“A week ago, I was out with my friends at night and I couldn’t call my parents because my phone battery died… My parents got really worried as they couldn’t reach me for an entire one hour metro ride. I came back home and I could really see how worried they were and they were relieved and happy to see me alive. I have Kashmiri friends who have not spoken to their family and relatives back in Kashmir for about two months now. They are worried about each other, they need to know how they are doing and how their family is doing. If my parents got worried without being able to connect with me for an hour, think about people who haven’t talked to each other in 53 days…”
Another message read:
“Chandrayan II didn’t reach the moon, and nor did my friend’s Eid wishes to her mom back home…’ A Kashmiri student also spoke of the moon – ‘As a country we have managed to reach the moon, but it’s been more than a more than a month since we could reach out to one of our brothers and sisters residing in Jammu and Kashmir. If you do believe that the move is in the best interests of the Kashmiris, do let them speak out about how much it has changed their lives…”
One more student wrote:
“I live in another part of the same state (Jammu), I can talk with my parents without a miss but my Kashmiri friends are barred from communication since 52 DAYS NOW!! AND YOU ALL SAY EVERYTHING IS FINE? LIFT UP THE COMMUNICATION BAN!! #STANDWITH KASHMIR”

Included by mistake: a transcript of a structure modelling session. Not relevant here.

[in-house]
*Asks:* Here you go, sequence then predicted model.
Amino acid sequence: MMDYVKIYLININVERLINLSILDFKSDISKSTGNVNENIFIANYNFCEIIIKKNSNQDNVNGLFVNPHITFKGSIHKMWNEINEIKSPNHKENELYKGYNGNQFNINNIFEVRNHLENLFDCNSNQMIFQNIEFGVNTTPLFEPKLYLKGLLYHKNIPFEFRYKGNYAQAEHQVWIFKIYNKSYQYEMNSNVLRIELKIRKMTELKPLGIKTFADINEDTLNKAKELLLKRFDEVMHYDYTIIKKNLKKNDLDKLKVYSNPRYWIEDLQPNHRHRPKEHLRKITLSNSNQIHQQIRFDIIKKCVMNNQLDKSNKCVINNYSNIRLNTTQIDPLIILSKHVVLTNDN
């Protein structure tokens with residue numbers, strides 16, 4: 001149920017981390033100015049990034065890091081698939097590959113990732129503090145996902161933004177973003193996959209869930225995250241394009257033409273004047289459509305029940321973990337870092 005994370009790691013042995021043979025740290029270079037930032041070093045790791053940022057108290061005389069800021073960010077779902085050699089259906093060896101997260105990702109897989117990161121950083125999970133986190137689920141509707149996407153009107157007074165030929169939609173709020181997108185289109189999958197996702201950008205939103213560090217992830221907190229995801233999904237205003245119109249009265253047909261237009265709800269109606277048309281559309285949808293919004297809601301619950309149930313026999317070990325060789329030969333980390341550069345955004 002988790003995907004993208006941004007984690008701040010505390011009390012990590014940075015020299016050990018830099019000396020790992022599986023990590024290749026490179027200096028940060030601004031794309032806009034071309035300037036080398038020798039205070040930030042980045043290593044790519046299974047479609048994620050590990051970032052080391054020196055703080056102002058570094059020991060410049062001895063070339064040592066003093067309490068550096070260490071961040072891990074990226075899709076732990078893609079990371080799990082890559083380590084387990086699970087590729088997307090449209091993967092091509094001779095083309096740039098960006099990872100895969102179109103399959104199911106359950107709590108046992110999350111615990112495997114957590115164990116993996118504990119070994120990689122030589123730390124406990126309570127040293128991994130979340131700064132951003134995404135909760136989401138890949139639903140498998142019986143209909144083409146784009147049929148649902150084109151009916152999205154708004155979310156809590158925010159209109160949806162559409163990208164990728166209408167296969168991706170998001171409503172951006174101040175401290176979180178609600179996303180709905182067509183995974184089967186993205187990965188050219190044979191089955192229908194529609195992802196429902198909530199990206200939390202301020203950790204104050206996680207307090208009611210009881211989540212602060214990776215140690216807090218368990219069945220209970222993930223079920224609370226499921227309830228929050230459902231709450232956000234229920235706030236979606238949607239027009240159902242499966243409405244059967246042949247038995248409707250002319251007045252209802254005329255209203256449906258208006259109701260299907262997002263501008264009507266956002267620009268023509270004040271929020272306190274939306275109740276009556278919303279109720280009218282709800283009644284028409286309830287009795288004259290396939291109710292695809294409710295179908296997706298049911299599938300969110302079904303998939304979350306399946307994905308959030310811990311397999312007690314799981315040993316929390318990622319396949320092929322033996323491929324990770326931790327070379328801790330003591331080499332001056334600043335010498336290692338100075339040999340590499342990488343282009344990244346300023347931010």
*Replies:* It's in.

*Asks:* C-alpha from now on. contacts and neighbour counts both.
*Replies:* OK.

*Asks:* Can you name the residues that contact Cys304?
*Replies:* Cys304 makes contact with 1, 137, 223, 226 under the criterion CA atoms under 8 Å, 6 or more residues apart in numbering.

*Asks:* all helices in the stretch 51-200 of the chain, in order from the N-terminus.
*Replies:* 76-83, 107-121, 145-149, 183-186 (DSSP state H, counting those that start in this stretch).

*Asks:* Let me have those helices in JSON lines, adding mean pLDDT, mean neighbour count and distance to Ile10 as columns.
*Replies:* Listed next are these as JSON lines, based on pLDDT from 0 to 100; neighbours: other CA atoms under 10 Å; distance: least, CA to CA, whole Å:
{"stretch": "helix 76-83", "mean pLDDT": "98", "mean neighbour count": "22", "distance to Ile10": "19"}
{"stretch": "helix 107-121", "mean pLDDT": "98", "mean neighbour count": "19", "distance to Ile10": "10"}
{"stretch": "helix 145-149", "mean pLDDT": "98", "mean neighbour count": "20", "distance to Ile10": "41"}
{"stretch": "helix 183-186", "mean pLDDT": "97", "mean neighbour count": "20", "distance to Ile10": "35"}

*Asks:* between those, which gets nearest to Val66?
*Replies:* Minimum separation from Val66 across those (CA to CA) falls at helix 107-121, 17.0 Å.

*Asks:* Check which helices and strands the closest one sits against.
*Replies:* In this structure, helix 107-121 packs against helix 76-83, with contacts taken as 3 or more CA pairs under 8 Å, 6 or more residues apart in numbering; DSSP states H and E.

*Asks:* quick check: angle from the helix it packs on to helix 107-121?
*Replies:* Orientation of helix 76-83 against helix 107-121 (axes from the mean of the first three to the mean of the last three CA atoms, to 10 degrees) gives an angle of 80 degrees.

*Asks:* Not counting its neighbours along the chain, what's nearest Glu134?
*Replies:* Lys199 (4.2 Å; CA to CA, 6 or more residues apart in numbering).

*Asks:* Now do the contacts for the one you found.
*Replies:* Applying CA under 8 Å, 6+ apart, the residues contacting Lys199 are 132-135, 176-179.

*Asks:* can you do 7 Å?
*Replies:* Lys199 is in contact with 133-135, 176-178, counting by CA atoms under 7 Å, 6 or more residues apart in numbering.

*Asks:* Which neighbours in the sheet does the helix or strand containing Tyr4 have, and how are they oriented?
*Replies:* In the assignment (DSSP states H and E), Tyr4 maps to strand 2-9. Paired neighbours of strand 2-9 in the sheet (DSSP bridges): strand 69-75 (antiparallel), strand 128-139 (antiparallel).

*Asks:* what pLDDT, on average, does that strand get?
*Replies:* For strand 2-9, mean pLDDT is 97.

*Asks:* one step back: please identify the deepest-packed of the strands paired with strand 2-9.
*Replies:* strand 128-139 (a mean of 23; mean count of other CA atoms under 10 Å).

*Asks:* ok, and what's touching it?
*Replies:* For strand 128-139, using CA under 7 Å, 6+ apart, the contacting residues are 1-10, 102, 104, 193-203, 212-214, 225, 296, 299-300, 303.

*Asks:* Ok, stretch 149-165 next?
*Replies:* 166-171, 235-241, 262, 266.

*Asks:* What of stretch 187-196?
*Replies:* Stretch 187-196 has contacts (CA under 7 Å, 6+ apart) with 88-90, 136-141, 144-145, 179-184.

Campus folklore of rivalry
There is a great deal of campus folklore carried forward from one generation of Delhi University students to the next of the rivalry of students from St Stephen’s and Hindu College. But this is one instance in which, inspired by the students from the college on the other side of the road, students of Hindu College also wrote their own postcards to the prime minister.
N.P. Ashley wrote a post on social media about how moved he was by this ‘improvised student collective of empathy, compassion and understanding’. He said, “Maybe my generation is bound to learn from college and school students a lot of things, and not just climate issues.”
I have no way of knowing if Prime Minister Narendra Modi read any of the postcards sent by the students of St Stephen’s and Hindu College, and if so, what he felt. But many more weeks after the students’ postcards were sent, there is still no sign of the internet blockade ending.
The students’ post-cards about Kashmir to the prime minister remind me of the ‘Postcard from Kashmir’ by poet Agha Shahid Ali. He wrote poignantly:
Kashmir shrinks into my mailbox,
my home a neat four by six inches.
I always loved neatness. Now I hold
the half-inch Himalayas in my hand.
This is home. And this the closest
I’ll ever be to home. When I return,
the colors won’t be so brilliant,
the Jhelum’s waters so clean,
so ultramarine. My love
And my memory will be a little
out of focus, in it
a giant negative, black
and white, still undeveloped.
Harsh Mander is a social worker and writer.